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ST. EUGENDUS, IN FRENCH OYEND, A.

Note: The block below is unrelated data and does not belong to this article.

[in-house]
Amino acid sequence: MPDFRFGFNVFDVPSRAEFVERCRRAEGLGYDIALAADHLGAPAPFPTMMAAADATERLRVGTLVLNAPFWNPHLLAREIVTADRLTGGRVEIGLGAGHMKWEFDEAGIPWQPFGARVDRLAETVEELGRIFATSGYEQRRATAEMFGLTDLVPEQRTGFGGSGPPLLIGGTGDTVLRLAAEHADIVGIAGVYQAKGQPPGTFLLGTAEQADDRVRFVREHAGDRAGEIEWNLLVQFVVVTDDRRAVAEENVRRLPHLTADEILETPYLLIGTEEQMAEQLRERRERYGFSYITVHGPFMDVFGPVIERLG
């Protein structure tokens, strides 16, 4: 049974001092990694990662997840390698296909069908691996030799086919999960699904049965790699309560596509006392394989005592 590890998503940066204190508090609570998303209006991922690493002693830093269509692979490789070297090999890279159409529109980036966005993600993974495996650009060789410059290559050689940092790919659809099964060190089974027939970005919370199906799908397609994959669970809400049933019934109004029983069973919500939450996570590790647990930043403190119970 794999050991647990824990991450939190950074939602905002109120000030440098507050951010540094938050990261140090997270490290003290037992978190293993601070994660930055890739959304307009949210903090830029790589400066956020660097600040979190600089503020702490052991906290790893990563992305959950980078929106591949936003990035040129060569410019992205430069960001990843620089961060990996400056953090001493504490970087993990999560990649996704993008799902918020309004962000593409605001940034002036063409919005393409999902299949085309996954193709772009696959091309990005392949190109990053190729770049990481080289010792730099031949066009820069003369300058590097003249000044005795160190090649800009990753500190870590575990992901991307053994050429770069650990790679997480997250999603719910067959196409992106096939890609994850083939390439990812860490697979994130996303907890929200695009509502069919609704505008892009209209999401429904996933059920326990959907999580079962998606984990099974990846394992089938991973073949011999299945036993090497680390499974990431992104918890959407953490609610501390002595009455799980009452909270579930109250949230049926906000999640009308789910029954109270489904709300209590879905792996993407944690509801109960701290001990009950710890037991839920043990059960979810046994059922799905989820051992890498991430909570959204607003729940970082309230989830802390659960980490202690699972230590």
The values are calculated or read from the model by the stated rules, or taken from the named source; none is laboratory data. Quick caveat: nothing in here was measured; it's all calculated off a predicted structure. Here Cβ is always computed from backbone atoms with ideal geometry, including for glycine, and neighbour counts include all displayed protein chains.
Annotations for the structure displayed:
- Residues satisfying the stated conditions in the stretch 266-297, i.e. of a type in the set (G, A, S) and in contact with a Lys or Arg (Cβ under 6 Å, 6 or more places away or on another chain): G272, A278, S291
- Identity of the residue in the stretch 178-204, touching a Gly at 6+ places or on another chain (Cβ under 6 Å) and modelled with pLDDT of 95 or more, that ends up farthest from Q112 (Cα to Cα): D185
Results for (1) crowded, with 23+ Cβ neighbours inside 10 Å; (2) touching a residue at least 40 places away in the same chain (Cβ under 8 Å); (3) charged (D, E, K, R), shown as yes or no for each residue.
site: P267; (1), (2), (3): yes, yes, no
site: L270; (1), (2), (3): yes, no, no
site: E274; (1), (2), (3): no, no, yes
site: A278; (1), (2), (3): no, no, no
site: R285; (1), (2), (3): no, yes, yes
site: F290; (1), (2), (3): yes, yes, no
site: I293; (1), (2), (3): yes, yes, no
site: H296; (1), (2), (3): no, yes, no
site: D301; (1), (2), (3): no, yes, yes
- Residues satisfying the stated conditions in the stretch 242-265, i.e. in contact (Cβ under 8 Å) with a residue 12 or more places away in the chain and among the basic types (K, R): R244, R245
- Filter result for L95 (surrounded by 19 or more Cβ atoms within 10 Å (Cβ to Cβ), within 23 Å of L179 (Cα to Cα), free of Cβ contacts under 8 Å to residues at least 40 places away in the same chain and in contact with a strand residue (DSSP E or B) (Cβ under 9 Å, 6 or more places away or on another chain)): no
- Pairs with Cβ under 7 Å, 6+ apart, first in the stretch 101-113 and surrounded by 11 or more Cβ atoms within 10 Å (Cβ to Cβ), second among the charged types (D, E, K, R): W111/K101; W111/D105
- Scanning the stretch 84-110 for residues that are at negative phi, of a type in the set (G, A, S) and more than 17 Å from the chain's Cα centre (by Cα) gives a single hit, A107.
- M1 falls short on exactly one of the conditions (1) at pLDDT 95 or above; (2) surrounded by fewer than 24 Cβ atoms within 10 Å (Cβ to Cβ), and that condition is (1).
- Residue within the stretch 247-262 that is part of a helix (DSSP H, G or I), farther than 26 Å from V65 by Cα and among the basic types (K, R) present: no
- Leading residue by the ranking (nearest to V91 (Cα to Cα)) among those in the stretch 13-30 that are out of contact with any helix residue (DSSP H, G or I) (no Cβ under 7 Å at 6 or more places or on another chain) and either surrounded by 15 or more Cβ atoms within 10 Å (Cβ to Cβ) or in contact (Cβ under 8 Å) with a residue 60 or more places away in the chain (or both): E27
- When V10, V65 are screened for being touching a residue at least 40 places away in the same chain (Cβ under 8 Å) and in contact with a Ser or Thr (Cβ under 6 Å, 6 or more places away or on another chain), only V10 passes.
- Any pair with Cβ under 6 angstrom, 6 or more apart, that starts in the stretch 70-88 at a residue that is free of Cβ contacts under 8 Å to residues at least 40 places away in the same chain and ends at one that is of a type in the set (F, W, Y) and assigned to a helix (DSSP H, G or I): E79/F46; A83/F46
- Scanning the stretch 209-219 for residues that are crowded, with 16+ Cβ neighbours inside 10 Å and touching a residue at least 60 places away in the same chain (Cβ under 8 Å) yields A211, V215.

AFTER the death of the two brothers, St. Romanus and St. Lupicinus, the holy founders of the abbey of Condate, under whose discipline he had been educated from seven years of age. he was first coadjutor to Minausius, their immediate successor, and soon after, upon his demise, abbot of that famous monastery. His life was most austere, his clothes being sack cloth, and the same in summer as in winter. He took only one small refection in the day, which was usually after sunset. He inured himself to cold and all mortifications; and was so dead to himself, as to seem incapable of betraying the least emotion of anger. His countenance was always cheerful; yet he never laughed. By meekness he overcame all injuries, was well skilled in Greek and Latin, and in the holy scriptures, and a great promoter of the sacred studies in his monastery. No importunities could prevail upon him to consent to be ordained priest. In the lives of the first abbots of Condate, of which a MS. copy is preserved in the Jesuit’s library in the college of Clermont, at Paris, enriched with MS. notes by F. Chifflet, it is mentioned, that the monastery which was built by St. Romanus, of timber, being consumed by fire, St. Eugendus rebuilt it of stone; and also near the oratory, which St. Romanus had built, erected a handsome church in honor of SS. Peter, Paul, and Andrew, enriched with precious relics. His prayer was almost continual, and his devotion so tender, that the hearing of a pious word was sufficient visibly to inflame his soul, and to throw him sometimes into raptures even in public, and at table. His ardent sighs to be united with his God, were most vehement during his last illness. Having called the priest among his brethren, to whom he had enjoined the office of anointing the sick, he caused him to anoint his breast according to the custom, says the author of his life, and he breathed forth his happy soul five days after, about the year 510, and of his age sixty-one.* The great abbey of Condate, in Franche-comté, seven leagues from Geneva, on mount Jura, or Mont-jon, received from this saint the name of St. Oyend; till in the thirteenth century it exchanged it for that of St. Claude; who having resigned the bishopric of Besanzon, which see he had governed seven years in great sanctity, lived fifty-five years abbot of this house, a perfect copy of the virtues of St. Oyend, and died in 581. He is honored on the 6th of June. His body remains entire to this day; and his shrine is the most celebrated place of resort for pilgrims in all France.† See the life of St. Oyend by a disciple, in Bollandus and Mabillon. Add the remarks of Rivet. His. Liter. T. 3, p. 60.








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